We all have inside of us a cloud of spirit which we call soul, but without a special kind of work it remains formless and easily destructible. It makes a man not only weak, but also incapable of existence on higher levels of reality. Just like an electron needs additional energy to make a quantum leap to a higher orbit in the atom, so does the human soul. However, in addition to energy the human soul also needs a structure to contain the spiritual energy within itself. This structure must be built by the human being in an awakened state, utilizing will power, self-knowledge and determination. The amorphous cloud of the soul should undergo a formative process similar to the one which creates a diamond in nature. It takes immense pressure and temperature to create the hardest mineral out of simple lump of the carbon. In the same way, it also takes a great amount of effort to shape a diamond. A skillful diamond cutter could make a formless crystal of carbon into the clearest, most light absorbing, light radiating and hardest stone in the world. Gurdjieff tried to do exactly that with the human being, trying to clean, form and polish his soul through rigorous physical and mental exercises, in order to create an enormous surge, energy and willpower in man’s spirit, which would shape his Permanent I, that beautifully structured spiritual crystal which shines with a brilliant divine light, an immortal and all-powerful truly godlike soul.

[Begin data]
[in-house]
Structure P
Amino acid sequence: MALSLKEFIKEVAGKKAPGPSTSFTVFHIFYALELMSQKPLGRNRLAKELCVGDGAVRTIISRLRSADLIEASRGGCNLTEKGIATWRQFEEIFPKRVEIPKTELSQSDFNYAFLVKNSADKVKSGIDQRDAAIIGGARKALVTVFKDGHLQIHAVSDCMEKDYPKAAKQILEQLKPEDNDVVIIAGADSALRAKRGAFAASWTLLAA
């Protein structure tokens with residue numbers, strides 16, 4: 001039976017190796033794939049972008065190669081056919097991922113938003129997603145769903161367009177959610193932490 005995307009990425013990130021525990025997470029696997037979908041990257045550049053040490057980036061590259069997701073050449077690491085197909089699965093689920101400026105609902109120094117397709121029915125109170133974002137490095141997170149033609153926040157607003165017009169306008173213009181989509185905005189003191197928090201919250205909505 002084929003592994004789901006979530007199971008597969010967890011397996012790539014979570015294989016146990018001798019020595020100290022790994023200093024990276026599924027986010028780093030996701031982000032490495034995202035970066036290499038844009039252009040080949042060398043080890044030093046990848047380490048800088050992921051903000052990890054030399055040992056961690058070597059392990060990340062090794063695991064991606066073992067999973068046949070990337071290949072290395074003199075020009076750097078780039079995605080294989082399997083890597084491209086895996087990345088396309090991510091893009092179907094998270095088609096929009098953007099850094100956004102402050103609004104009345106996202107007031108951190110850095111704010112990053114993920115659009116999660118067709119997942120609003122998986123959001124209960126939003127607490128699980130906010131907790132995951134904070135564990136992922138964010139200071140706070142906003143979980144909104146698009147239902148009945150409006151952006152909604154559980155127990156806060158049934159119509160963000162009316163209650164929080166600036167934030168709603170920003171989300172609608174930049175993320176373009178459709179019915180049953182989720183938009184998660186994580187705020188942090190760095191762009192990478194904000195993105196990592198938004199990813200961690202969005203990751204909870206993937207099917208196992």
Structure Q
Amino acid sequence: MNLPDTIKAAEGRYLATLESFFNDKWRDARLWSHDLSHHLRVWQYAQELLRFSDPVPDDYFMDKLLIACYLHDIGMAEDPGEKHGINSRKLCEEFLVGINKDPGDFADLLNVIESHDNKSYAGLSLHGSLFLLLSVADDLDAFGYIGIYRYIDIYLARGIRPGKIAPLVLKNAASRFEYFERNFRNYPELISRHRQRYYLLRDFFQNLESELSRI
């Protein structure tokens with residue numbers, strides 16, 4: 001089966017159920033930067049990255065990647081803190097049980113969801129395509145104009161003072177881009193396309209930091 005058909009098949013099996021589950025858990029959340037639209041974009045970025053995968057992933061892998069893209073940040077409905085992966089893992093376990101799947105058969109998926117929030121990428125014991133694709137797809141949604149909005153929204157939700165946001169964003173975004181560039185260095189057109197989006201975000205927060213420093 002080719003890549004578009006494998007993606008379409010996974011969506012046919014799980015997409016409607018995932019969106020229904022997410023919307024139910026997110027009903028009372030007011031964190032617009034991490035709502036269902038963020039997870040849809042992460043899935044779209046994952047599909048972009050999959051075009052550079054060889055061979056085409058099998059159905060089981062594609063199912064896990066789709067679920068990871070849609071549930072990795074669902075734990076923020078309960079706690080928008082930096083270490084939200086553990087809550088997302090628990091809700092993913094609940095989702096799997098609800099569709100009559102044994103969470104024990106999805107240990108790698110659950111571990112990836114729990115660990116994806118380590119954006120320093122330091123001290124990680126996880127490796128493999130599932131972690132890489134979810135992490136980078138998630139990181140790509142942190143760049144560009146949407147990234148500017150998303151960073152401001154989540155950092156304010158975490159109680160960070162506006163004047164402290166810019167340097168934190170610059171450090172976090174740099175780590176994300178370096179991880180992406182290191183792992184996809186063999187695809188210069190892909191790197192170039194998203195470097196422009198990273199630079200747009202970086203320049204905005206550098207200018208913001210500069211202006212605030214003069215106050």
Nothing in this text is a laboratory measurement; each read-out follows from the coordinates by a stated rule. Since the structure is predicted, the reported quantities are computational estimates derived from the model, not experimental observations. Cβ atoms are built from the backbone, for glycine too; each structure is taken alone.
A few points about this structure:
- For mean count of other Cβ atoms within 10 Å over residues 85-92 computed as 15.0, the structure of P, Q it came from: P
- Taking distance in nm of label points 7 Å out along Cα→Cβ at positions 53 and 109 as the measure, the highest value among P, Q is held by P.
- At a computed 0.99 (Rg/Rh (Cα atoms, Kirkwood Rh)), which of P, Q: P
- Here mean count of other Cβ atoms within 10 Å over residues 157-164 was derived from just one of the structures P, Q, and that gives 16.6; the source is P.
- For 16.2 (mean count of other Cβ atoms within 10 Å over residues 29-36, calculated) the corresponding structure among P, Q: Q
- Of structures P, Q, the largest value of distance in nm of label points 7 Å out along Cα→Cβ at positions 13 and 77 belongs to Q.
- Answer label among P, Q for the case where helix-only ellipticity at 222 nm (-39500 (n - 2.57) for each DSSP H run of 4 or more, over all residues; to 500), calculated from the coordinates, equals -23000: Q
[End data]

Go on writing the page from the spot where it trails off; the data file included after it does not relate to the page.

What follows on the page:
Gurdjieff‘s most important principle was to train all three components which constitute a man, that is, his body, spirit and mind. Such complex approach was lacking in three major religions, especially in Buddhism. Gurdjieff’s goal was to create a complete human being which would not be passively taken to the Heavens in a fiery chariot by God on a whim, or being put up there by a decision of religious council or by any other action of God or men, but go up into the higher and wider world by man’s own effort, by the sheer power of his spirit and soul. As the song goes, neither god or king or hero can save a man but only man himself.


Serge Rodygin